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The main reference for dating Syriac manuscripts and the standard in the field. This Album conveniently brings together two hundred facsimiles, each representing a page of a dated Syriac manuscript.
Publisher: Gorgias Press LLC
Availability: In stock
SKU (ISBN): 978-1-61143-661-7
  • *
Publication Status: In Print

Publication Date: Feb 10,2012
Interior Color: Color
Trim Size: 8.25 x 10.75
Page Count: 518
Languages: English, Syriac
ISBN: 978-1-61143-661-7
$231.01
$138.61

Hatch's Album remains the main reference for dated Syriac manuscripts and the standard in the field. The book contains over 250 illustrations from manuscripts, each with a description. Hatch gives a general introduction to Syriac manuscripts and writing. This edition contains a new informative introduction by Lucas Van Rompay.

The Album conveniently brings together two hundred facsimiles, each representing a page of a dated Syriac manuscript. High quality black-and-white pictures are accompanied with full descriptions, providing technical data (dimensions, layout, ink, rulings, etc.) as well as observations on the content of the manuscript and references to editions and existing scholarly literature. The introduction (p. 1 to 47) summarizes the mid-twentieth-century knowledge of Syriac manuscripts, including such topics as writing materials, pens, ink, mode of writing, columns, ruling, colophon, dating, miniatures, quires, styles of writing, the forms of the letters, points and additional signs, punctuation, Gershuni, and the periodization of the history of Syriac handwriting. Much of this is still currently valid and nowhere else can a more comprehensive and competent survey be found.

“The selection of two hundred manuscripts is made among the Syriac manuscripts from the fifth to the sixteenth centuries. The term “Syriac” is taken in its broad sense, including the following categories: Estrangela, Serta, “Nestorian” (i.e., East-Syriac), Melkite, and Palestinian manuscripts. For the period prior to the end of the tenth century, the writer intended to incorporate samples of all dated Syriac codices known to him (more than one hundred in number). For the period between the eleventh and the sixteenth centuries choices had to be made and only a limited number of codices were included.”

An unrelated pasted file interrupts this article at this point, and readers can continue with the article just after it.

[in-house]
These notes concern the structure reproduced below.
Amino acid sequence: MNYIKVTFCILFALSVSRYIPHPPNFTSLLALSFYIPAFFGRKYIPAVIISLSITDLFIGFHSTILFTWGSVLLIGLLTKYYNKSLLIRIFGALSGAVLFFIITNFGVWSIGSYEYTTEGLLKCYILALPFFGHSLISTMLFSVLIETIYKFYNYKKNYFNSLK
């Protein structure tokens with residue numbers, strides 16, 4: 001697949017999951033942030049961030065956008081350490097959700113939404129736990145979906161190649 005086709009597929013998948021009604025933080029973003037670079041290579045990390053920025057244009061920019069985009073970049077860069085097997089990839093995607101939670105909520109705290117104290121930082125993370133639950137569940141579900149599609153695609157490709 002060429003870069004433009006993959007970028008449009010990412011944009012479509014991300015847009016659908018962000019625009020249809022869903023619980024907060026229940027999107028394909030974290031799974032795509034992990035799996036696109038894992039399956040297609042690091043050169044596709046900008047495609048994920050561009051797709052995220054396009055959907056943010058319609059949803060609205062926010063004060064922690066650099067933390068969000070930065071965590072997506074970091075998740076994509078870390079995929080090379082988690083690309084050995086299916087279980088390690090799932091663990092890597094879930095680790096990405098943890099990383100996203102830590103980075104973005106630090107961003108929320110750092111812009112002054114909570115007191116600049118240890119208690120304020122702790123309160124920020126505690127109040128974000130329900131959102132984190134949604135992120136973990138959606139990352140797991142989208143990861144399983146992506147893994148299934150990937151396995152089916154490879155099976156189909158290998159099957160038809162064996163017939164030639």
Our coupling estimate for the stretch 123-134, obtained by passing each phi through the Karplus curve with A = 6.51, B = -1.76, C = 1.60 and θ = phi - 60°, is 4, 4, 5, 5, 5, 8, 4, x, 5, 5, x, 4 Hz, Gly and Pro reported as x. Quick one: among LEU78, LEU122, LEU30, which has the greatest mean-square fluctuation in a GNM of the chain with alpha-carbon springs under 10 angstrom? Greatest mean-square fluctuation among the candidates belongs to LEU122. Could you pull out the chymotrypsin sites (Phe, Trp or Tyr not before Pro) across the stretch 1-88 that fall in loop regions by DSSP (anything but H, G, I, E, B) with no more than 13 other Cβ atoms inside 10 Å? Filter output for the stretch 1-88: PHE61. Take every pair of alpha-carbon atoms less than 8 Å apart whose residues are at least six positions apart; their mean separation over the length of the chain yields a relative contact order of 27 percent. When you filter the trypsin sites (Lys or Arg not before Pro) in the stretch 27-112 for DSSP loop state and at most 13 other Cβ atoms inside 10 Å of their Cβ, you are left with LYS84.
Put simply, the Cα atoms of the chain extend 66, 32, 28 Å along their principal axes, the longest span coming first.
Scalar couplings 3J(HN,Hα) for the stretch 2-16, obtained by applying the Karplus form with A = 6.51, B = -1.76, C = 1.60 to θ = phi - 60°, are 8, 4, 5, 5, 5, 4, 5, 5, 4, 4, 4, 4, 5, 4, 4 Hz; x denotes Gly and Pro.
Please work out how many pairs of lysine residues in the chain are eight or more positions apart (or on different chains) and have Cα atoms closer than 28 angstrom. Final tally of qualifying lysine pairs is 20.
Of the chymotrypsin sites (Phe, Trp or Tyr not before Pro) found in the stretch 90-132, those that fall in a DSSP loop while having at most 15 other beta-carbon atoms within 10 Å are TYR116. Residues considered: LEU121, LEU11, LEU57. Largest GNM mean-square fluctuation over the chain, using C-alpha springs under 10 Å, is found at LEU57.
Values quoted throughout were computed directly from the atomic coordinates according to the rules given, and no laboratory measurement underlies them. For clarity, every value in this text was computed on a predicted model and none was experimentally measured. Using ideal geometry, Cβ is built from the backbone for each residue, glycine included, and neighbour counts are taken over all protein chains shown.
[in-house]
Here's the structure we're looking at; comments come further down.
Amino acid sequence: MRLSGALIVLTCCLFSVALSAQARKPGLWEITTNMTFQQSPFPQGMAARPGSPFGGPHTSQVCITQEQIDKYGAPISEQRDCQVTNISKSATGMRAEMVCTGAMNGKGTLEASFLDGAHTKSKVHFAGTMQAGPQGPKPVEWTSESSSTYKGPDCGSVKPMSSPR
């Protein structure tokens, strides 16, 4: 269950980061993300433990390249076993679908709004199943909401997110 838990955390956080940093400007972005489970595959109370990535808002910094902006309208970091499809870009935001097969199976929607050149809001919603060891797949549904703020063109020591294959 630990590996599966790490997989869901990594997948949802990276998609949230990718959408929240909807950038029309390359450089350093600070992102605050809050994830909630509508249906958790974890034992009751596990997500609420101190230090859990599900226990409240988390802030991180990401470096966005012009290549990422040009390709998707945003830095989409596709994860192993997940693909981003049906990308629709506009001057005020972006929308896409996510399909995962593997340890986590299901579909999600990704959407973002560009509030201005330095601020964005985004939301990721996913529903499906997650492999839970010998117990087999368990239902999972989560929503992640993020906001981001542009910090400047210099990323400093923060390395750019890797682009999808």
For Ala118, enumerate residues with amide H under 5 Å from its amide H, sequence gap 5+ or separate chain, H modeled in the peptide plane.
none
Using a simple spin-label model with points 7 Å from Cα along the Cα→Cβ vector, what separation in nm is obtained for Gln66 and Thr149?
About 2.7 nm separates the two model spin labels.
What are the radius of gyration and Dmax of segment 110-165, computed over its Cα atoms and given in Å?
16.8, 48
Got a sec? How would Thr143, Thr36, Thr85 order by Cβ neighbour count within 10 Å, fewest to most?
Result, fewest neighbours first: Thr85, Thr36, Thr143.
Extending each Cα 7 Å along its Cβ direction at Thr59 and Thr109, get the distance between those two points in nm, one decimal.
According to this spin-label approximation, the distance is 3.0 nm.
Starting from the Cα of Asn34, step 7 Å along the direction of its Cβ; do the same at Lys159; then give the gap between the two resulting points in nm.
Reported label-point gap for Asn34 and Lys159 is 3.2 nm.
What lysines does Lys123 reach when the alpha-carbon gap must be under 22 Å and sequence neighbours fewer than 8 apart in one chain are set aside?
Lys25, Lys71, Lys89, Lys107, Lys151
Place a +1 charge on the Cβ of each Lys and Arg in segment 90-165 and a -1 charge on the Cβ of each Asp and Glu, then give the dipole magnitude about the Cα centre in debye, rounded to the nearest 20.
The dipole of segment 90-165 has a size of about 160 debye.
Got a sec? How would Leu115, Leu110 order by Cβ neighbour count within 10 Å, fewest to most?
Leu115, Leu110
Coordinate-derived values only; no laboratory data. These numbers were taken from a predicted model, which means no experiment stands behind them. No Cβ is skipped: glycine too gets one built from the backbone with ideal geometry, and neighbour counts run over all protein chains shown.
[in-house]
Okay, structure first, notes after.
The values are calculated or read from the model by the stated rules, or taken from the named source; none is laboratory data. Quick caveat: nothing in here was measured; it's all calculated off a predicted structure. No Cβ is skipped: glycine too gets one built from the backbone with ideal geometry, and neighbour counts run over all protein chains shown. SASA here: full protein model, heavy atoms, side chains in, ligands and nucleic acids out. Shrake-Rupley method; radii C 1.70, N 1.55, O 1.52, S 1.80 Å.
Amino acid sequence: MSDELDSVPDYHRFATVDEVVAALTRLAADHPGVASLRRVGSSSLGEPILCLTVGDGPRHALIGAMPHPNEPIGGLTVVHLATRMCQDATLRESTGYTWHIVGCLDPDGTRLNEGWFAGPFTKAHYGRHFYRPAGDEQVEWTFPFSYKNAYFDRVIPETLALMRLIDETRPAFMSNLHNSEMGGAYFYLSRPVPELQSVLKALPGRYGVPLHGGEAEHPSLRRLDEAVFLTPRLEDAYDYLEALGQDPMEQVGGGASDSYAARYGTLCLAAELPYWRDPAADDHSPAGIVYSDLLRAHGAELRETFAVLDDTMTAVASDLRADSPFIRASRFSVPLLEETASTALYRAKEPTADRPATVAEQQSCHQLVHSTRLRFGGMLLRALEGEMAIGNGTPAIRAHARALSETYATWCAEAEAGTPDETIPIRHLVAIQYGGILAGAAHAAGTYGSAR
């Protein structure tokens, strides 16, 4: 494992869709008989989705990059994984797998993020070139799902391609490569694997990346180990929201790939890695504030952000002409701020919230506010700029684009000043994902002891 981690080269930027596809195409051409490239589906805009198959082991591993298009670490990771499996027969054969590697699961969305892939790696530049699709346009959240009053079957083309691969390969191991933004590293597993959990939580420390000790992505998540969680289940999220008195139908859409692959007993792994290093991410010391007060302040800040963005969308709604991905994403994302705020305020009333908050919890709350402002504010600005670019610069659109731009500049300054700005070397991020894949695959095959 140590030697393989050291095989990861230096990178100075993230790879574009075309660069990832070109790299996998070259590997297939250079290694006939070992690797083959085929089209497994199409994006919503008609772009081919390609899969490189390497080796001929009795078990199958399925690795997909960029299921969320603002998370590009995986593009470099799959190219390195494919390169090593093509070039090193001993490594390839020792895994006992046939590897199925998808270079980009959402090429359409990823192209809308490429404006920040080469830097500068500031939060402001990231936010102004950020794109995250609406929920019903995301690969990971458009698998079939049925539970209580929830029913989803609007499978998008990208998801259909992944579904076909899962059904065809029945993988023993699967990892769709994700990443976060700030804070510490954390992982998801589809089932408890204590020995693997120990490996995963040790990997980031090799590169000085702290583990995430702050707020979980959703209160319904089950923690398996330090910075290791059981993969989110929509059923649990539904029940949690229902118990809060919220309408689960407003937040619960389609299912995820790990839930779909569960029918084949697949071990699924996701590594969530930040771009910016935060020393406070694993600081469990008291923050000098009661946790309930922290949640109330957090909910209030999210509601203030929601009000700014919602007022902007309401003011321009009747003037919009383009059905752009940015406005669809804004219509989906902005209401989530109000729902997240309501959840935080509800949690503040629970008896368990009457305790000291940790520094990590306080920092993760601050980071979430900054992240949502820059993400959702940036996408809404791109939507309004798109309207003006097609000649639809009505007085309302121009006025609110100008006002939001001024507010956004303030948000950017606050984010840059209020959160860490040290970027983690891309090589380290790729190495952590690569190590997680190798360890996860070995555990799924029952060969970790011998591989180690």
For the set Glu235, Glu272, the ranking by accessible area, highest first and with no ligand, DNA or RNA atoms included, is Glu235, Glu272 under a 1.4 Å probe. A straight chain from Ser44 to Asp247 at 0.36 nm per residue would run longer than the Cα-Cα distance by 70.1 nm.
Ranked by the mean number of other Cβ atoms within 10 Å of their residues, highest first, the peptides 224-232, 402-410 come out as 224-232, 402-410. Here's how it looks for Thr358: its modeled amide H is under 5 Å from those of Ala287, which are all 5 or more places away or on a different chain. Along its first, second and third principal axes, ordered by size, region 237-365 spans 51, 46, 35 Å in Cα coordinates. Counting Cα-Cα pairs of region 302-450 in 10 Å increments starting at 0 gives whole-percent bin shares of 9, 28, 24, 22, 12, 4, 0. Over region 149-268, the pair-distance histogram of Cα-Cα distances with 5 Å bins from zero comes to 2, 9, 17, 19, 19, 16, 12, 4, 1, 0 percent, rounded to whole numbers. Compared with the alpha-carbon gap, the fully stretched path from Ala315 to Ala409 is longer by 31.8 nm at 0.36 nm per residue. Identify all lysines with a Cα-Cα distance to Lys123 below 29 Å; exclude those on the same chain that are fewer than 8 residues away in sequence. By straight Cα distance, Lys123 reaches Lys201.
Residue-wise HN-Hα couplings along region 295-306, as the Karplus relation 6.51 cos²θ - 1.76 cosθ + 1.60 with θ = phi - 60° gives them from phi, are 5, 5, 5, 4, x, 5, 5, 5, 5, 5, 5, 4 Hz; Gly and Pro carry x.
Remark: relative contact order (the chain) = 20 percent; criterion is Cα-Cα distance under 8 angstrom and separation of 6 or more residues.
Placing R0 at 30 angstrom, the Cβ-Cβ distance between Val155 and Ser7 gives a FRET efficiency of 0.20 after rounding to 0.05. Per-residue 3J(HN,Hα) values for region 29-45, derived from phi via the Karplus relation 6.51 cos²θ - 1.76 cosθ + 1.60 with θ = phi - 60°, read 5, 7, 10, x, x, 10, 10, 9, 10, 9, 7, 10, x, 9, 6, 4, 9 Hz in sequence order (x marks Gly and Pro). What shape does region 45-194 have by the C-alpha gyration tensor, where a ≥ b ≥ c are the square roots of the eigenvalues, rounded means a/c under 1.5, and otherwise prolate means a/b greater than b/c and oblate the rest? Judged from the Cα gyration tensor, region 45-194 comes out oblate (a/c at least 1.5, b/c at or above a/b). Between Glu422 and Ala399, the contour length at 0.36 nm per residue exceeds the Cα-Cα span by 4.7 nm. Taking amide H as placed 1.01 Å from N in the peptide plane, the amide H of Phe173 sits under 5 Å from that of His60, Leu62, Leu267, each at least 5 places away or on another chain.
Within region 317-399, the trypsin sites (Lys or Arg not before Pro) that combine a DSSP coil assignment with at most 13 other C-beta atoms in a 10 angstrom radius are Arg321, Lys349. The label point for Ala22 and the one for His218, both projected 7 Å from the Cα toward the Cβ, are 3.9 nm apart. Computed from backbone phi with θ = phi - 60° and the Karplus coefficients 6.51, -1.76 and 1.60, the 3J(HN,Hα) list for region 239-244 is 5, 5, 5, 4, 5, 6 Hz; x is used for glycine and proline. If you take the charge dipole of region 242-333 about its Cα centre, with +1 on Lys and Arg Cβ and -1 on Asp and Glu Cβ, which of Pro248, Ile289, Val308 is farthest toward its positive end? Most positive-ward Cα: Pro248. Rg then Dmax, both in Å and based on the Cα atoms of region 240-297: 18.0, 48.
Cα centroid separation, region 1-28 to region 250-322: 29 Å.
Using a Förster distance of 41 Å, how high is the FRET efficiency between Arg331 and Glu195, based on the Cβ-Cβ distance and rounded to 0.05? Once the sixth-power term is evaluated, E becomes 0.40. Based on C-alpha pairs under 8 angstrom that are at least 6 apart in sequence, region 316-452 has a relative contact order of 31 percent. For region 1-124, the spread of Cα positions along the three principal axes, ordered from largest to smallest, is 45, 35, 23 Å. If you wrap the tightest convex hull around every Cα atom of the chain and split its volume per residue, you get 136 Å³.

–From the Introduction, by Lucas Van Rompay

Hatch's Album remains the main reference for dated Syriac manuscripts and the standard in the field. The book contains over 250 illustrations from manuscripts, each with a description. Hatch gives a general introduction to Syriac manuscripts and writing. This edition contains a new informative introduction by Lucas Van Rompay.

The Album conveniently brings together two hundred facsimiles, each representing a page of a dated Syriac manuscript. High quality black-and-white pictures are accompanied with full descriptions, providing technical data (dimensions, layout, ink, rulings, etc.) as well as observations on the content of the manuscript and references to editions and existing scholarly literature. The introduction (p. 1 to 47) summarizes the mid-twentieth-century knowledge of Syriac manuscripts, including such topics as writing materials, pens, ink, mode of writing, columns, ruling, colophon, dating, miniatures, quires, styles of writing, the forms of the letters, points and additional signs, punctuation, Gershuni, and the periodization of the history of Syriac handwriting. Much of this is still currently valid and nowhere else can a more comprehensive and competent survey be found.

“The selection of two hundred manuscripts is made among the Syriac manuscripts from the fifth to the sixteenth centuries. The term “Syriac” is taken in its broad sense, including the following categories: Estrangela, Serta, “Nestorian” (i.e., East-Syriac), Melkite, and Palestinian manuscripts. For the period prior to the end of the tenth century, the writer intended to incorporate samples of all dated Syriac codices known to him (more than one hundred in number). For the period between the eleventh and the sixteenth centuries choices had to be made and only a limited number of codices were included.”

–From the Introduction, by Lucas Van Rompay

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Contributor

William Hatch

Lucas Van Rompay

  • Foreword (page 7)
  • Preface (page 21)
  • Introduction (page 29)
    • 1. Writing Materials (page 31)
    • 2. Pens (page 36)
    • 3. Ink (page 38)
    • 4. Mode of Writing (page 39)
    • 5. Columns (page 41)
    • 6. Ruling (page 42)
    • 7. Colophon (page 45)
    • 8. Dating (page 46)
    • 9. Miniatures (page 48)
    • 10. Quires (page 50)
    • 11. Styles of Writing (page 52)
    • 12. Observations on the Forms of Certain Letters (page 58)
    • 13. Seyame, the Single Point (page 68)
    • 14. Punctuation (page 70)
    • 15. Gershuni (page 70)
    • 16. Periods in the History of Syriac Handwriting (page 72)
  • Plates (page 77)
  • List of plates (page 79)
    • Plate 50 (page 181)
    • Plate 100 (page 281)
    • Plate 150 (page 381)
    • Plate 200 (page 481)
  • Indexes (page 483)
    • Index 1 (page 485)
    • Index 2 (page 488)
    • Index 3 (page 494)
    • Index 4 (page 495)
    • Index 5 (page 502)
    • Index 6 (page 505)
    • Index 7 (page 507)
    • Index 8 (page 508)
    • Index 9 (page 510)
    • Index 10 (page 512)
    • Index 11 (page 515)
    • Index 12 (page 516)
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